Recession or not, remote work is here to stay
Many recent headlines claim that a coming recession will mean the end of remote work. It’s because of a cooling labor market, giving managers more power to force employees to comply with their demands. And while surveys show that the vast majority of employees prefer to spend most or all of their time working remotely, most executives want employees to be in the office.
However, what the forecast misses is that in times of economic growth, the comfortable results of most companies give traditionalist leaders significant leeway not to rely on their personal intuitions and selfish preferences. for office work. Once a recession hits, leaders will need to exercise more financial discipline. And there’s no doubt that emphasizing profits over personal preferences will benefit remote work.
Plenty of evidence shows that working remotely is more productive. A Stanford University study found that remote workers were 5% more productive than office workers in the summer of 2020. In the spring of 2022, remote workers became 9% more productive as companies learned to work better remotely and invested in more remote-friendly technology. A new study from the National Bureau of Economic Research (NBER) has found that productivity in companies that rely heavily on remote working has grown much faster than industries where in-person contact is required. Just one example: Applied Materials, a Fortune 200 technology and manufacturing company, has dramatically increased its team’s productivity in the form of collaboration and innovation through remote techniques such as virtual asynchronous brainstorming.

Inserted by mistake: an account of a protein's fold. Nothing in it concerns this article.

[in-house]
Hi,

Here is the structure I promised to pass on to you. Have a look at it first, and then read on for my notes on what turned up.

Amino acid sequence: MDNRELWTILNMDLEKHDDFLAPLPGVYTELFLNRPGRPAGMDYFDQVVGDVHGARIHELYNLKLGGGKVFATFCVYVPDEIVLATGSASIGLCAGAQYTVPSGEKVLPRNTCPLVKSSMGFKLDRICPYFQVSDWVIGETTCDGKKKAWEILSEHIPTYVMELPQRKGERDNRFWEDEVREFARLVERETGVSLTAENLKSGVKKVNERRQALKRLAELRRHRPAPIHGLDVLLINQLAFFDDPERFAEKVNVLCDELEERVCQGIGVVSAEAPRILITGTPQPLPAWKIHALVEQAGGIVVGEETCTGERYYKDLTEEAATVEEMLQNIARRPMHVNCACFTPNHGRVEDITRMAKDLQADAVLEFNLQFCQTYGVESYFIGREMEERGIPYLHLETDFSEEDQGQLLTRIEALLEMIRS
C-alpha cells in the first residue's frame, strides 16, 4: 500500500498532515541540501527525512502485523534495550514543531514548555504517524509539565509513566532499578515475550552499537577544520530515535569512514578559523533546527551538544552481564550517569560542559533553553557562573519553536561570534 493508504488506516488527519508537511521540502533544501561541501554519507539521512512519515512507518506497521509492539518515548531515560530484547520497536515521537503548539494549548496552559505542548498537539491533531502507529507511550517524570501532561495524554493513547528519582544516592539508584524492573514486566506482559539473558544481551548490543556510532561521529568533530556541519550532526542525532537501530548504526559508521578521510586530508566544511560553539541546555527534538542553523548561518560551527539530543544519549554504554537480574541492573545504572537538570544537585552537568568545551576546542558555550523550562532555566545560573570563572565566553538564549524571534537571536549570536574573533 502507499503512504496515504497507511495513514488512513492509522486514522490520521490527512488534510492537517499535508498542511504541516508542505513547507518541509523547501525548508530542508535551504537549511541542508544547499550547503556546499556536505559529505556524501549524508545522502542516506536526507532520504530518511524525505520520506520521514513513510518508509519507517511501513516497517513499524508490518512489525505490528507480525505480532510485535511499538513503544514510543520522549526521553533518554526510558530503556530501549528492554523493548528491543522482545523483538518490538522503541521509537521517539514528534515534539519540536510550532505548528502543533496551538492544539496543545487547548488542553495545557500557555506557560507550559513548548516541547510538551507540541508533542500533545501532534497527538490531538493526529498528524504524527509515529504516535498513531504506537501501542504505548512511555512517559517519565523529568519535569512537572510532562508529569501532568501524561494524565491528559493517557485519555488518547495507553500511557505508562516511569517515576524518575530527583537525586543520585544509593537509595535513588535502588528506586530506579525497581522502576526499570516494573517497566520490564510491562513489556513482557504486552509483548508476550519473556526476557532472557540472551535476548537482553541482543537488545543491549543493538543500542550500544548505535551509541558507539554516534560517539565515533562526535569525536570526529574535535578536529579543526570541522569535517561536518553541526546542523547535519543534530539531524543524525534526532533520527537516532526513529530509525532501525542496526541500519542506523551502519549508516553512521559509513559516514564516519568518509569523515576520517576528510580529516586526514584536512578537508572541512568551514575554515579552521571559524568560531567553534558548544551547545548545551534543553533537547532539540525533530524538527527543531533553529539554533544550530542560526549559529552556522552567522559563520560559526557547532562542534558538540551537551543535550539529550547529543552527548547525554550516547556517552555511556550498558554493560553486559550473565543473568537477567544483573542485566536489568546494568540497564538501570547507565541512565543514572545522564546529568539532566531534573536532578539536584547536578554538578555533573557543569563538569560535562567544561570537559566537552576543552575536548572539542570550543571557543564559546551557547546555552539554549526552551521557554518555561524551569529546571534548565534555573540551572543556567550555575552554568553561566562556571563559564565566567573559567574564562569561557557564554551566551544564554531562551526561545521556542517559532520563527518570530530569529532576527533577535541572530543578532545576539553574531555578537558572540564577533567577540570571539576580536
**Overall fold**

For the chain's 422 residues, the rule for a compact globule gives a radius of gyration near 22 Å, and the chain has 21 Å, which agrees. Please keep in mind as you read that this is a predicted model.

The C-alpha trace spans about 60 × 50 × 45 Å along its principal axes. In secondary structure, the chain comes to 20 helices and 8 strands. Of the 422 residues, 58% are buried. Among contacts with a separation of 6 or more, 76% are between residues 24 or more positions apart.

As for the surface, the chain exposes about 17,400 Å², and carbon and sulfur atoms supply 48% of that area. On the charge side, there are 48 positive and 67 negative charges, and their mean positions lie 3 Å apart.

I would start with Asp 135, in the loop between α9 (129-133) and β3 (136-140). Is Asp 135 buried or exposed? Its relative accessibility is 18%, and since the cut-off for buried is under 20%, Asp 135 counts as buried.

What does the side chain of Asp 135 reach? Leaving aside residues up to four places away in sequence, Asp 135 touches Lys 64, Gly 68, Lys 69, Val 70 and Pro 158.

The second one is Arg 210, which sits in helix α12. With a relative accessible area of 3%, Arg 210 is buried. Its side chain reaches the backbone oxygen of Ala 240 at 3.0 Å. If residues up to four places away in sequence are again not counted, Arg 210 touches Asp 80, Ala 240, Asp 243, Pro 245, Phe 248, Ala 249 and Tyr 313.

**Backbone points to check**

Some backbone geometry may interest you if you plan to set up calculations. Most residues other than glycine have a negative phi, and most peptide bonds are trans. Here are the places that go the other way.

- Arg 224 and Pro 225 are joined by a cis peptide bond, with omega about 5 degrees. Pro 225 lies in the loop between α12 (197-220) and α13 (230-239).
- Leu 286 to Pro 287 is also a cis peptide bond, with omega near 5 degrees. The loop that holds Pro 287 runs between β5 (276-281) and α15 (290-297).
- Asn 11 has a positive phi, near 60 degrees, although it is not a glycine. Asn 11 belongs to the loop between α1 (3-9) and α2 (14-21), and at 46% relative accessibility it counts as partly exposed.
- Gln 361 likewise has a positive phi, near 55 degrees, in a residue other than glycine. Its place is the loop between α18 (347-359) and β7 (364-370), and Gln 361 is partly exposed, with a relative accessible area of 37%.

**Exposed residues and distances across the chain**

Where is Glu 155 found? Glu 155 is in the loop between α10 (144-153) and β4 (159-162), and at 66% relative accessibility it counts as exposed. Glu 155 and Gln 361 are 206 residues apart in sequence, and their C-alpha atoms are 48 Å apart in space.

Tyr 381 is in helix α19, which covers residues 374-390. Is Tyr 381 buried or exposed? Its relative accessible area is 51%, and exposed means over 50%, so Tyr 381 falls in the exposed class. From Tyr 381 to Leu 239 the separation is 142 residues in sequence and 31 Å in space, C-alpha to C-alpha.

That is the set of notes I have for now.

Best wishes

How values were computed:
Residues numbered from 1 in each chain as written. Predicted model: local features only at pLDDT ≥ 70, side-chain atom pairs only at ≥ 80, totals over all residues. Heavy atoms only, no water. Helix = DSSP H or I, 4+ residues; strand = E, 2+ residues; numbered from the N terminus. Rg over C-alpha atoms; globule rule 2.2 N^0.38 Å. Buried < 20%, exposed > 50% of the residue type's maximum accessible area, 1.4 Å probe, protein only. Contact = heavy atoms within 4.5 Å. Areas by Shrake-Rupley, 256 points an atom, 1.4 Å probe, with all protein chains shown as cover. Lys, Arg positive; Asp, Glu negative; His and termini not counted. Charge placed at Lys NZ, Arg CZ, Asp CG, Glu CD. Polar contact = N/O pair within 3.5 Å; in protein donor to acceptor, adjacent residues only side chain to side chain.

Remote workers are willing to work for less money. Another NBER study found that remote work reduced wage growth by 2% in the first two years of the pandemic, as employees perceive remote work as a significant benefit.
Likewise, remote work improves retention. Almost two-thirds of respondents (64%) to an ADP Institute survey said they would consider looking for a new job if they were forced to come full-time. And flexibility ranks only behind pay for job satisfaction in a Future Forum survey. So, because more than 85% of its employees preferred full-time remote work, the Jaeb Center for Health Research decided to adopt a home-centric model to improve retention.
Other financial benefits arise from the reduced need for office space and associated expenses such as utilities, cleaning and security. An NBER report found that areas with the most remote work have seen the biggest declines in demand for commercial real estate and resulting rents. Indeed, Amazon and Meta recently announced that they were halting office space construction projects because many of their employees were working remotely. Of course, the most forward-looking organizations will continue to invest in office space for their employees: namely, their home office. For example, the University of Southern California’s Institute of Information Science has provided a wide range of home office technology and furniture to its staff to improve their productivity. It’s a wise investment, even in a recession.
The cost savings and productivity improvements associated with remote working, combined with less leeway for personal preferences due to recession-imposed discipline, will result in more and more traditionalist executives supporting their employees. working remotely most or all of their time. The best leaders are brave enough to change their minds when the facts change. Shy, second-rate leaders fall into confirmation bias, the tendency to seek out information that confirms their personal beliefs. They also suffer from the ostrich effect, denying negative facts about reality. As a result, their companies will underperform compared to more flexible companies, and these leaders will eventually be kicked out for denying reality and replaced with wiser leaders who approve of remote working.
Gleb Tsipursky is CEO of Disaster Prevention Experts and author of “Leading Hybrid and Remote Teams: A Manual on Benchmarking to Best Practices for Competitive Advantage”.